Centre Glenn Mulvenna was the prototypical good all-round hockey player, who possessed better than average skating skills, a commitment to defense and would on occasion chip in with the odd goal or two. He carried a strong on-ice work ethic while playing his minor hockey in Calgary and made the jump to major junior in 1984-85, joining the New Westminster Bruins of the WHL. As a 17-year-old rookie Mulvenna suited up for 66 games, tallying 16 goals and 31 points. Near the end of his third year with the Bruins, he was traded to the Kamloops Chiefs for the final 18 games of the year.
Despite putting up decent offensive statistics, Mulvenna was unable to convince an NHL club to draft him during his time in Junior A. He decided to return to Kamloops in 1987-88 as the team's overage player and contributed 59 points in 38 games. In 1988-89 Mulvenna turned pro, suiting up for both the Flint Spirits and Muskegon Lumberjacks of the IHL. His first shot at the NHL came during the 1991-92 season when he was called up for one game by the Pittsburgh Penguins.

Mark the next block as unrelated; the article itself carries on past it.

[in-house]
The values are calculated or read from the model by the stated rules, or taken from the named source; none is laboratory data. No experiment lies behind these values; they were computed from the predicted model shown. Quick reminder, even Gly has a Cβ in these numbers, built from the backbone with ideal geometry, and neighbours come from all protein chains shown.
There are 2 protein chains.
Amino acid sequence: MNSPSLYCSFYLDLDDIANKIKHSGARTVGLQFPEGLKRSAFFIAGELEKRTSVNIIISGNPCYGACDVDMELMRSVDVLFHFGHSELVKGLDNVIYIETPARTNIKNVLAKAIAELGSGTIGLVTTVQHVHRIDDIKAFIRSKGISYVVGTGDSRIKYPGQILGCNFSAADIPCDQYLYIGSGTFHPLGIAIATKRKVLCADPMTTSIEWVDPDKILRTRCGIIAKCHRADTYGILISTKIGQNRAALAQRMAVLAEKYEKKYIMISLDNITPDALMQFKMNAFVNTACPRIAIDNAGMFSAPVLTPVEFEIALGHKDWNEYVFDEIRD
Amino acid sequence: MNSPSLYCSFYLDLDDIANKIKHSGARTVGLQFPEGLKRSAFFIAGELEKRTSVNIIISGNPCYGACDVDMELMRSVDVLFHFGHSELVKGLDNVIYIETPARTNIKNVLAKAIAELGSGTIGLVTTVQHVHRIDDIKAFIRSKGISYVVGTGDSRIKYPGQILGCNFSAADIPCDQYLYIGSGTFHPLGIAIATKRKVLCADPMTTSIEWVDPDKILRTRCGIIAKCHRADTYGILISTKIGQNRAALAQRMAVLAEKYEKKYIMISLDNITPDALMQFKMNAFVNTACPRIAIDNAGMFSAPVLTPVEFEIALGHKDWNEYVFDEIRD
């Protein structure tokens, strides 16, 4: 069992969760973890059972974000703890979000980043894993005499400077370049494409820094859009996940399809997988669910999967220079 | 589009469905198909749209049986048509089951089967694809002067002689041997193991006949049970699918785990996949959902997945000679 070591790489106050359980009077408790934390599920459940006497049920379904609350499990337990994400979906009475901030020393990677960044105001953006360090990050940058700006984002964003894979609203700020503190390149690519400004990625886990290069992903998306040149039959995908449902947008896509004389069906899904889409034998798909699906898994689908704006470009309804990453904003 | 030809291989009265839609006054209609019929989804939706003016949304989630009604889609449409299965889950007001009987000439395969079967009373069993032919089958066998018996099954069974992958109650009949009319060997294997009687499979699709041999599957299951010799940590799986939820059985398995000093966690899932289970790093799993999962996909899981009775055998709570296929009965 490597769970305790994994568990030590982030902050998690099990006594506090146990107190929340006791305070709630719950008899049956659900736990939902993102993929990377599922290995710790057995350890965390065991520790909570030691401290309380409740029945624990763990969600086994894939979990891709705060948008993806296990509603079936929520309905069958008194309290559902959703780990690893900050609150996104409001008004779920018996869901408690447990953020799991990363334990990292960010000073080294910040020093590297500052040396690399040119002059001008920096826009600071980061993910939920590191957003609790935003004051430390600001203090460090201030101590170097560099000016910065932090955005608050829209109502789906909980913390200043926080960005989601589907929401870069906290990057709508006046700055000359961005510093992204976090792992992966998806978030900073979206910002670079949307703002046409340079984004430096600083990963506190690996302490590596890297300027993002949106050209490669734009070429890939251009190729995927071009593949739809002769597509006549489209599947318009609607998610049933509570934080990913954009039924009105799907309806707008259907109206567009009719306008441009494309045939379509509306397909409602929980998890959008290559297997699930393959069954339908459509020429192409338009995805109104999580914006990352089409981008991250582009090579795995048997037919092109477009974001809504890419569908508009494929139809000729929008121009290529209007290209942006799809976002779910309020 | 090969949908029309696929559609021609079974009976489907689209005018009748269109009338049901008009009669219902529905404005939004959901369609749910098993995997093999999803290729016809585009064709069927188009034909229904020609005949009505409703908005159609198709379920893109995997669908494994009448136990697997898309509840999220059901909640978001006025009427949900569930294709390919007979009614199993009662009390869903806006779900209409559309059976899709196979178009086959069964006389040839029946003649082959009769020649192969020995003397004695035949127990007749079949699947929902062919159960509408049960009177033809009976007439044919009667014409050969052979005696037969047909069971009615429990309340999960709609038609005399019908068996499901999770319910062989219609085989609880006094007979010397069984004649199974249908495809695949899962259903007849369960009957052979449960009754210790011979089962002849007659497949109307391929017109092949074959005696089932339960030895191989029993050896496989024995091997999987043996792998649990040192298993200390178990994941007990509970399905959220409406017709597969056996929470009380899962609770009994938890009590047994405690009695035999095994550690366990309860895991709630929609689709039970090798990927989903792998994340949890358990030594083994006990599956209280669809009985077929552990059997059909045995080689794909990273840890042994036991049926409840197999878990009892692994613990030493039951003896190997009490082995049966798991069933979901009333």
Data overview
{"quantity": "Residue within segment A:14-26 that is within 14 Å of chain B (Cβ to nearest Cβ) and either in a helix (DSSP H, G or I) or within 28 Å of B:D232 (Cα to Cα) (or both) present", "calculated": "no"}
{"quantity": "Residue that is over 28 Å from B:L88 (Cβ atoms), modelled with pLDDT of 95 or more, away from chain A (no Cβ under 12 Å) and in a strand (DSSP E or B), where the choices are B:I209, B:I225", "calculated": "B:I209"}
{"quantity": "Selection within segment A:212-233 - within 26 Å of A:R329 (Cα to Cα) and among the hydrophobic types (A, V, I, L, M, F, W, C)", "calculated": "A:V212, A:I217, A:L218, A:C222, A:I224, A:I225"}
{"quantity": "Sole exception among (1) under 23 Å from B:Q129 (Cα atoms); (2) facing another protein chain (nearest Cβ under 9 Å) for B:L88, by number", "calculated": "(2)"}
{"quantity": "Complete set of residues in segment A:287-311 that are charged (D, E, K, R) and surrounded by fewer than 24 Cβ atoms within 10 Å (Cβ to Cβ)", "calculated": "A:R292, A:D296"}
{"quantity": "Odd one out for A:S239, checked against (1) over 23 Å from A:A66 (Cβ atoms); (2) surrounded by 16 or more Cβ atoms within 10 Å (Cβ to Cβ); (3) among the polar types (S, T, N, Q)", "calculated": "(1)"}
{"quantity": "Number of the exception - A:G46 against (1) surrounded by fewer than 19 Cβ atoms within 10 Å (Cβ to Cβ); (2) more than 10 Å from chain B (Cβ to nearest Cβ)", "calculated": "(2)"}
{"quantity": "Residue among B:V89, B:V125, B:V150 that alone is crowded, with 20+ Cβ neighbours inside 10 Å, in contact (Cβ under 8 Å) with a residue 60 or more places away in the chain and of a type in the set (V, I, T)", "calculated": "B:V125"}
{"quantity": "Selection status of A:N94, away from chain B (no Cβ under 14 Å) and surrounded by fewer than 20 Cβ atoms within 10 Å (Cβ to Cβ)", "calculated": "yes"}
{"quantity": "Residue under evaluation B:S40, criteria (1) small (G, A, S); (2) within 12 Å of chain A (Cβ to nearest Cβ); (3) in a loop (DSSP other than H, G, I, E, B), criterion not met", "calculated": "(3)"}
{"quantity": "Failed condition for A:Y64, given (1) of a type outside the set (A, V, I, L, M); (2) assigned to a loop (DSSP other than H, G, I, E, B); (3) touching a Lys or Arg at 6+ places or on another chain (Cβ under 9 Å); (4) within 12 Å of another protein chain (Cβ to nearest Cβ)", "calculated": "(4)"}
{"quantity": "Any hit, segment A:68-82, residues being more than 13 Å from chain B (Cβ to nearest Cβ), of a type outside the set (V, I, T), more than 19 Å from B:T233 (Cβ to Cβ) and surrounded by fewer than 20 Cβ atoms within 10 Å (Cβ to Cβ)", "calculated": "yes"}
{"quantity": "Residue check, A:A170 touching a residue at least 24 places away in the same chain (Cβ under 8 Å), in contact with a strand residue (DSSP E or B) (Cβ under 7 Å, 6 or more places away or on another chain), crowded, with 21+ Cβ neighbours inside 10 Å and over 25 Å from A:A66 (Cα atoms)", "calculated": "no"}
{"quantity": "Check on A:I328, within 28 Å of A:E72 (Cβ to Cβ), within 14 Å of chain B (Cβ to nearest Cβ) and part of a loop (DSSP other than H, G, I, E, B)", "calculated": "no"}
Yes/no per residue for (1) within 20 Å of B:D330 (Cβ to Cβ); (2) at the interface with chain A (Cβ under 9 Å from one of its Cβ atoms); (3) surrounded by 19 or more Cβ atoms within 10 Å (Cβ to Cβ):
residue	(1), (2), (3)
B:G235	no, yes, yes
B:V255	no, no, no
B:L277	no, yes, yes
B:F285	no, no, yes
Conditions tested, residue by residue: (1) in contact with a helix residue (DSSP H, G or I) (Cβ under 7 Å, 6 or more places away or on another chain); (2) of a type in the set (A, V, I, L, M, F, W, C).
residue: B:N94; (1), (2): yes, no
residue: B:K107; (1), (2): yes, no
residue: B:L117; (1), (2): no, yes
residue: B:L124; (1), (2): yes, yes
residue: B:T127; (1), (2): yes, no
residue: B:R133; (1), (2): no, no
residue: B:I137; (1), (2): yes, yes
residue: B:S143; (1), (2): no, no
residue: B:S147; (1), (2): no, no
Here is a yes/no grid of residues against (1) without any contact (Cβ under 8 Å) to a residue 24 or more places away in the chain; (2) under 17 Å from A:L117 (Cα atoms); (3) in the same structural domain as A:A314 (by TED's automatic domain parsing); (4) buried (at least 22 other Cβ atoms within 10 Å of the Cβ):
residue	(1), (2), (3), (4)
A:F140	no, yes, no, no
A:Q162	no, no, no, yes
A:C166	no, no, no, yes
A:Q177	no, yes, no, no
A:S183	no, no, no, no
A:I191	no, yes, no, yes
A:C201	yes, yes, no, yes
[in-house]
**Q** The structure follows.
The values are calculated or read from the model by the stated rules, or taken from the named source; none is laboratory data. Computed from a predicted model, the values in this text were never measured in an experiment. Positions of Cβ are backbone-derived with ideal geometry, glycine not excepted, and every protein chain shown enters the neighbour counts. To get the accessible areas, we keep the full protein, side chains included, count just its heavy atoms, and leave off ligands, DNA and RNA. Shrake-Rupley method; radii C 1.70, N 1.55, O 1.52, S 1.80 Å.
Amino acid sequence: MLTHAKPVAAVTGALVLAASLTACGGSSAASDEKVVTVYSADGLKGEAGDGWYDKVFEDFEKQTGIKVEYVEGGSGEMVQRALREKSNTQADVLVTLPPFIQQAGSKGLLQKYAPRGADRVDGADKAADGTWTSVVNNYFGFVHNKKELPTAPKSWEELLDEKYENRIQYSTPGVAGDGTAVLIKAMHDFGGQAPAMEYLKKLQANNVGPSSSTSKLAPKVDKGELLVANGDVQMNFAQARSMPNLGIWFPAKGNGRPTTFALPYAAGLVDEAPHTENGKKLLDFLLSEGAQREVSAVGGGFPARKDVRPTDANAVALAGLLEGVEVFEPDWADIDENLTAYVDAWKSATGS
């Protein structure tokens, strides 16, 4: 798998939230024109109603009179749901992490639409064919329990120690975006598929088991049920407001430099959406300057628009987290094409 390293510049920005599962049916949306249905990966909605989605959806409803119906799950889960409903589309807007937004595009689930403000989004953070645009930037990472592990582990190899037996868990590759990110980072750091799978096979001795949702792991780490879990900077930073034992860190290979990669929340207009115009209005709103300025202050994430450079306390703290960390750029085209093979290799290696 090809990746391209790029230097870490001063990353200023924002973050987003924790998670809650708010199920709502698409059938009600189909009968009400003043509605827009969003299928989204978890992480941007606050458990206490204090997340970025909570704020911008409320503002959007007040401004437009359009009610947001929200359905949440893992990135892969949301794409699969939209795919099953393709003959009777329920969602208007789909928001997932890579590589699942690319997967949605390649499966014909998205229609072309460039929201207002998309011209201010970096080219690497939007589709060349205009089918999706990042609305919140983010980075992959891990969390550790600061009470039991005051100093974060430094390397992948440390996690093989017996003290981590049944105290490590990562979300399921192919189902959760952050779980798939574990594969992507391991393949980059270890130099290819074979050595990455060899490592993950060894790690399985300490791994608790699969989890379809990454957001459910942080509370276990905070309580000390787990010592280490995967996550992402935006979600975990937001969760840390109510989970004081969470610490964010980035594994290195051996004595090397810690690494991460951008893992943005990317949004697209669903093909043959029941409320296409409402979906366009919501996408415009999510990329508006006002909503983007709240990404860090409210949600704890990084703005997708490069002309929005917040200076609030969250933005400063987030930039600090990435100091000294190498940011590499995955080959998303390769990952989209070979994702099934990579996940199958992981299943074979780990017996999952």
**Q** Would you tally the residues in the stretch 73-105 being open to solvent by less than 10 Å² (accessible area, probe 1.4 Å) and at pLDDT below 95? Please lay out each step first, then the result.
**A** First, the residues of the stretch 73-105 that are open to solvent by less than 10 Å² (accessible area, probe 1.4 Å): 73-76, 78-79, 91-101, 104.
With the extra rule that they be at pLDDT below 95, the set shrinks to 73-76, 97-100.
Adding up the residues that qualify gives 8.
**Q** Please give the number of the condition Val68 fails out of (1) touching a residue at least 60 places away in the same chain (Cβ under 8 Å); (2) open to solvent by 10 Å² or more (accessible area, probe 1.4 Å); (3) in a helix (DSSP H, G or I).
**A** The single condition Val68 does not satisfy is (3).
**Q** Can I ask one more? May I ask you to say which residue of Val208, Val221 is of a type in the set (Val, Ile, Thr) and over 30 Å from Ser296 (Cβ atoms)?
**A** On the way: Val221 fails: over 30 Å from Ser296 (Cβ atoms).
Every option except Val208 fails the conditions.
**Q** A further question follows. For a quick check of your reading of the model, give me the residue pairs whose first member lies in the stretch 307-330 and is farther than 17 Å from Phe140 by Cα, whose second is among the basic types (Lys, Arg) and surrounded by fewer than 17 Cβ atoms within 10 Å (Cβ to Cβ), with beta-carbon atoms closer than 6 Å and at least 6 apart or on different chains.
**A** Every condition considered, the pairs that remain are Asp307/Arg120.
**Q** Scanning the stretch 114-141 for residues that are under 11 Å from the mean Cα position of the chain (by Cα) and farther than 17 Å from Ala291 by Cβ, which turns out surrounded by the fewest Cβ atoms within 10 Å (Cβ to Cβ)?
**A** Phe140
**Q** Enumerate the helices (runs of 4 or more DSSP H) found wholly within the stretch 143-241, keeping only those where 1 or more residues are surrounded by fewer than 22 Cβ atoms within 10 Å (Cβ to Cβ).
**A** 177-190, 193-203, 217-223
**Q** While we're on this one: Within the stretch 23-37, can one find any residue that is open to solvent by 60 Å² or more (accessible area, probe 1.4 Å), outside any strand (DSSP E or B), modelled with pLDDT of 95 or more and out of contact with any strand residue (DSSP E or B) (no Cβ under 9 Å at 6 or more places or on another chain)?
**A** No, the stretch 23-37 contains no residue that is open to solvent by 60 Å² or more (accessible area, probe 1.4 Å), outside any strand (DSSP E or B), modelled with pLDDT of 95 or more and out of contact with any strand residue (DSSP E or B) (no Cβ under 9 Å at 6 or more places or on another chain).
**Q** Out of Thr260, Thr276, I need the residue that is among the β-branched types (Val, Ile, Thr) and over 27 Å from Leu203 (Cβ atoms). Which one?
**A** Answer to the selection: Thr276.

Mulvenna realized he had virtually no hope of cracking the strong Penguins' lineup on a regular basis. The team had won two consecutive Stanley Cups and were not looking to tinker with success so he signed a free-agent contract with the Philadelphia Flyers in the summer of 1992. Again, Mulvenna was unable to earn a roster spot but was inserted in to one Flyers game during the year.
Although Mulvenna never again made it to the NHL, he continued to play professional hockey through the 1999-00 season, playing the final three years of his career in the British League. After retiring, he took over as an assistant coach with the Newcastle Jesters, learning the ropes of the job behind the bench. The Jesters disbanded after the 2000-01 season, but the apprenticeship paid off as Mulvenna was offered the head coaching job with the Peterborough Pirates in 2001-02.